Teflon (registered trademark of Dupont for their crazy slippery polymer)...
was accidentally invented by DuPont chemist Roy Plunkett, in (or near) 1938. Very chemically stable, high melting point, and weirdly slippery in solid form, it is used as a non-stick coating on cooking and messy industrial process surfaces. The difficulty of sticking anything to Teflon makes it a good candidate for an easy-cleaning surface in high-spill areas, although it is pretty expensive to throw around in home applications.
Teflon was discovered by accident by Dr. Roy Plunkett at Du Pont on April 6th, 1938. Plunkett had been attempting to find a better coolant gas. He left a batch in a container overnight, and on returning the next day, the gas had become a waxy solid.

The solid, polytetrafluoroethylene (PTFE) is a chemically inert polymer, is impervious to many corrosives and has a very low coefficient of friction. Teflon is opaque and nearly white in colour. It is 90% crystalline. The name was abbreviated to Teflon for simplicity and is a registered trademark of Du Pont.

Teflon fumes are poisonous. If you heat an empty Teflon coated pan to 400°C, the Teflon particles become airborne and can cause polymer fume fever. However, it is totally safe in normal cooking conditions. Solid Teflon is harmless to humans.

Commercial use didn't take off until 1948 and its applications were mostly industrial. This includes electrical insulation, frictionless bearings and gaskets. It wasn't until 1950 that Parisian Marc Gregoire devised a way of applying Teflon to fishing tackle to prevent tangling. His wife thought of the idea of non-stick pans. Gregoire created and sold over a million pans, under the trade name Tefal.

The idea didn't reach America until a reporter called Thomas Hardie visited a friend who had recently returned from Paris, with the non-stick cook-ware. Hardie was stunned and struck up a deal with Gregoire to market the pans in America. He imported 3000 but couldn't get support from any major department stores. Eventually, Macy's Herald Square purchased 200, which sold out in 2 days.

Demand rocketed but before Hardie could construct a manufacturing plant, every pan manufacturer had caught on to the idea.

One question: If Teflon doesn't stick to anything, how does it stick to the pan?

While Teflon cannot chemically bond with anything, it can mechanically bond. The surface of the pan is sandblasted and a primer is applied. The Teflon is then embedded into the primer.

Teflon was discovered with so little research in part because its structure is extremely simple and able to assemble itself without a long series of reactions. Molecular simplicity is also accountable for the material's inert nature and resistance to heat. A carbon atom is covalently bonded to another carbon atom, which is bonded to another, and so forth so that there's a long string of carbons. Since carbon forms four covalent bonds, each carbon in the chain has the two bonds free, which each attach to a fluorine atom. This long string of PTFE arranges its bond angles so each carbon atom is cushioned by its own two fluorine atoms one one side, and the four fluorines belonging to its neighbor on the other, leaving it largely protected from reaction.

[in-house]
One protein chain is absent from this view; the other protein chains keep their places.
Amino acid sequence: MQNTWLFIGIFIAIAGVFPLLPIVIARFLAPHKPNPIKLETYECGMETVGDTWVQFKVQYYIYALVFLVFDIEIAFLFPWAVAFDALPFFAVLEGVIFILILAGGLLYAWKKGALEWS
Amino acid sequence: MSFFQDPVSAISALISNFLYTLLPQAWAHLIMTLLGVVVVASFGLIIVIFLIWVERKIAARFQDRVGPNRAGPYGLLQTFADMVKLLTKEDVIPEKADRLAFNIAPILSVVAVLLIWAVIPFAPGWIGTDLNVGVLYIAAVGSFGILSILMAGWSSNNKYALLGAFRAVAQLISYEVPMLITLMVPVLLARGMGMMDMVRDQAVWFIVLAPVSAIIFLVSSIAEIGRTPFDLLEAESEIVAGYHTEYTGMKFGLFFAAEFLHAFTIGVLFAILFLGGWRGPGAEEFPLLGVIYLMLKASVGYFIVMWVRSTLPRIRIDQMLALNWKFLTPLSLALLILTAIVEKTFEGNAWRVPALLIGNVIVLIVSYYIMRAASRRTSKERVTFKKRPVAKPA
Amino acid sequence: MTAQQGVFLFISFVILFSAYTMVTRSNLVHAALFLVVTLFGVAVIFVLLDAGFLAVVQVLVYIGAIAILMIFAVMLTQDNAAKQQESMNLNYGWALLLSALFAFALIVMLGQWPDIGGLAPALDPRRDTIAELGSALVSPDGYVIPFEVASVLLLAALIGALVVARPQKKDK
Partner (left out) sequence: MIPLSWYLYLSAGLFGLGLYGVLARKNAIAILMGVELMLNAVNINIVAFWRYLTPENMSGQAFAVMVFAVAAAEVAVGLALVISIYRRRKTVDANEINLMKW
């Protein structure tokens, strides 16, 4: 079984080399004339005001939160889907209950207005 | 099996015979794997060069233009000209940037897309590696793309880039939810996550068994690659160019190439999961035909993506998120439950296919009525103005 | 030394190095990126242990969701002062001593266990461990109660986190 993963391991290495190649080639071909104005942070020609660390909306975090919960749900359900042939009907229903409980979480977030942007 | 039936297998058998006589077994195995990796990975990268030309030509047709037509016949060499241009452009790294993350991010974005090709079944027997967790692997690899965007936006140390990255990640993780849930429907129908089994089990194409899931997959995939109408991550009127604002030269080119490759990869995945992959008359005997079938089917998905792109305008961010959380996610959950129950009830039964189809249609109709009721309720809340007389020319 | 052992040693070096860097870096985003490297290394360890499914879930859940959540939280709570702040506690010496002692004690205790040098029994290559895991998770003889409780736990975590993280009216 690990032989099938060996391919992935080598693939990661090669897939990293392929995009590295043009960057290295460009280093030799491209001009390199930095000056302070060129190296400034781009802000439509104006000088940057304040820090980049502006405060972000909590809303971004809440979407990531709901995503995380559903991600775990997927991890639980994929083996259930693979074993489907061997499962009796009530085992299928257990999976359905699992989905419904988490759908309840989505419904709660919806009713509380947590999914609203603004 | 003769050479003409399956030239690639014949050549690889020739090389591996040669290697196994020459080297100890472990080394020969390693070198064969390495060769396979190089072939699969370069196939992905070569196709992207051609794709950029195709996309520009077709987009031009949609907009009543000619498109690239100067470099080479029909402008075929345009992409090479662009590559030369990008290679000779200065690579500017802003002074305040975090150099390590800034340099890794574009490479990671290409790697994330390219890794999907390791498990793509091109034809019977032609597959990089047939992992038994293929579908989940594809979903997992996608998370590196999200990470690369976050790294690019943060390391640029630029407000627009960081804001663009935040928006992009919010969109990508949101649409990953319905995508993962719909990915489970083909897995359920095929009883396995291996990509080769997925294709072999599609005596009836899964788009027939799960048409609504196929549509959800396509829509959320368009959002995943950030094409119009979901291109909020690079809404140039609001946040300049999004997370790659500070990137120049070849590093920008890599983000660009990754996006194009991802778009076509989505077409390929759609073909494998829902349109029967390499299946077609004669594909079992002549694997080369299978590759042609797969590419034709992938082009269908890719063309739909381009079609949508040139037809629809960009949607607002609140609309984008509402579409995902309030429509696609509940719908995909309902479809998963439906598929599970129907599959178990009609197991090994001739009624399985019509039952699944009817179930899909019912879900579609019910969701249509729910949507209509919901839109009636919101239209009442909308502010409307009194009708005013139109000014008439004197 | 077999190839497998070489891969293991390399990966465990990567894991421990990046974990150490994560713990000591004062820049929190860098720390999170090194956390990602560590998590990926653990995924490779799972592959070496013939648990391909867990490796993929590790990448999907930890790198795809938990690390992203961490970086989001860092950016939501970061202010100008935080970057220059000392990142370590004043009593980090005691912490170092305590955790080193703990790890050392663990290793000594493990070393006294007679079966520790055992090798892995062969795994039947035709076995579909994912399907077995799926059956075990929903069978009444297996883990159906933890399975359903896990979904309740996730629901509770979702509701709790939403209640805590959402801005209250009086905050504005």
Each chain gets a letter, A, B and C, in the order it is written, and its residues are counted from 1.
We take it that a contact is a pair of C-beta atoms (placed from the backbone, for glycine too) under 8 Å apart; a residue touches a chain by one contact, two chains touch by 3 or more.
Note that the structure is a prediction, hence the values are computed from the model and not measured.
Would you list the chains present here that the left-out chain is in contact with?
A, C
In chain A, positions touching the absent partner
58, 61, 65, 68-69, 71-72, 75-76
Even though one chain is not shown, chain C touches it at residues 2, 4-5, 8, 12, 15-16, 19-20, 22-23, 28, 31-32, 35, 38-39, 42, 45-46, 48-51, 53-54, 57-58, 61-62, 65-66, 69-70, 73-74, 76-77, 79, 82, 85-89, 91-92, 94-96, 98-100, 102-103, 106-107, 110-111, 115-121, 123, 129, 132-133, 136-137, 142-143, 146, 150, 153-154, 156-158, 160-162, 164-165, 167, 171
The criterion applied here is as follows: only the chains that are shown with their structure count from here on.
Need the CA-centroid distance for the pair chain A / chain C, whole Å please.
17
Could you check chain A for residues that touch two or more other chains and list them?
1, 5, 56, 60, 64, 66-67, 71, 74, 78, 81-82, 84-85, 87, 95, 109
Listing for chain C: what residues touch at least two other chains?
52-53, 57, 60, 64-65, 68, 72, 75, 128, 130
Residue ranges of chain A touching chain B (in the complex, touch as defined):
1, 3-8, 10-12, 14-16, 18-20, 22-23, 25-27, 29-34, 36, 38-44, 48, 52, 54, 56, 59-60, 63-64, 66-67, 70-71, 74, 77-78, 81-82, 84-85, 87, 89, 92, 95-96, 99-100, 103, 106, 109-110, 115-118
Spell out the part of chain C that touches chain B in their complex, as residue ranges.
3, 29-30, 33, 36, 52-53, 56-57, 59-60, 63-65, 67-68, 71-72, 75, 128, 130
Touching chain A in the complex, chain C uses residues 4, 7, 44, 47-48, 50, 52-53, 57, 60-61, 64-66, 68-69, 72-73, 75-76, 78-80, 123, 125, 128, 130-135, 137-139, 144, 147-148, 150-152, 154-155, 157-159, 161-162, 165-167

Here's a janky ASCII rendition of a few links of PTFE chain. Of course it's actually three dimensional, not flat, so render the angles in your mind to make it look more like a snake and less like a flatworm.

  F   F   F   F   F   F   F   F   F   F   F  
   \ /     \ /     \ /     \ /     \ /     \ 
   -C-     -C-     -C-     -C-     -C-     -C
  /   \   /   \   /   \   /   \   /   \   /  
C-     -C-     -C-     -C-     -C-     -C-   
 \     / \     / \     / \     / \     / \   
  F   F   F   F   F   F   F   F   F   F   F  

Having a uniform cross-section means the molecule is non-polar, adding to its inertia. Also, since other fluorine atoms are the last thing the bonded fluorine atoms want to interact with, PTFE has a very stable crystalline nature. That is, the chains tend to stack together like logs, and due to stability of the carbon center, not twist and braid around one another. The lack of kinks in this crystalline solid makes it even more difficult for other chemicals to react with PTFE, and adds to its famed slipperiness (which, as a point of interest, can be expressed as a coefficient of friction usually between .05 and .20).

The explanation of attaching teflon to other materials given above is somewhat lacking, so I'll try to elucidate on it a bit. One way of making teflon sticky is to bombard one side of the solid with a plasma, the ions of which will tend to break off fluorine atoms on that side. After that, a more "sticky" atom, like oxygen, can be bound onto the exposed carbon chain. This will allow the affected side to adhere to a primer or other substance, as jean-yves mentions above. Sometimes two exposed carbons will bind to each other, forming an unsaturated hydrocarbon. While that may distort the PTFE chain somewhat, the hydrocarbons are nicely sticky and will adhere to other substances.

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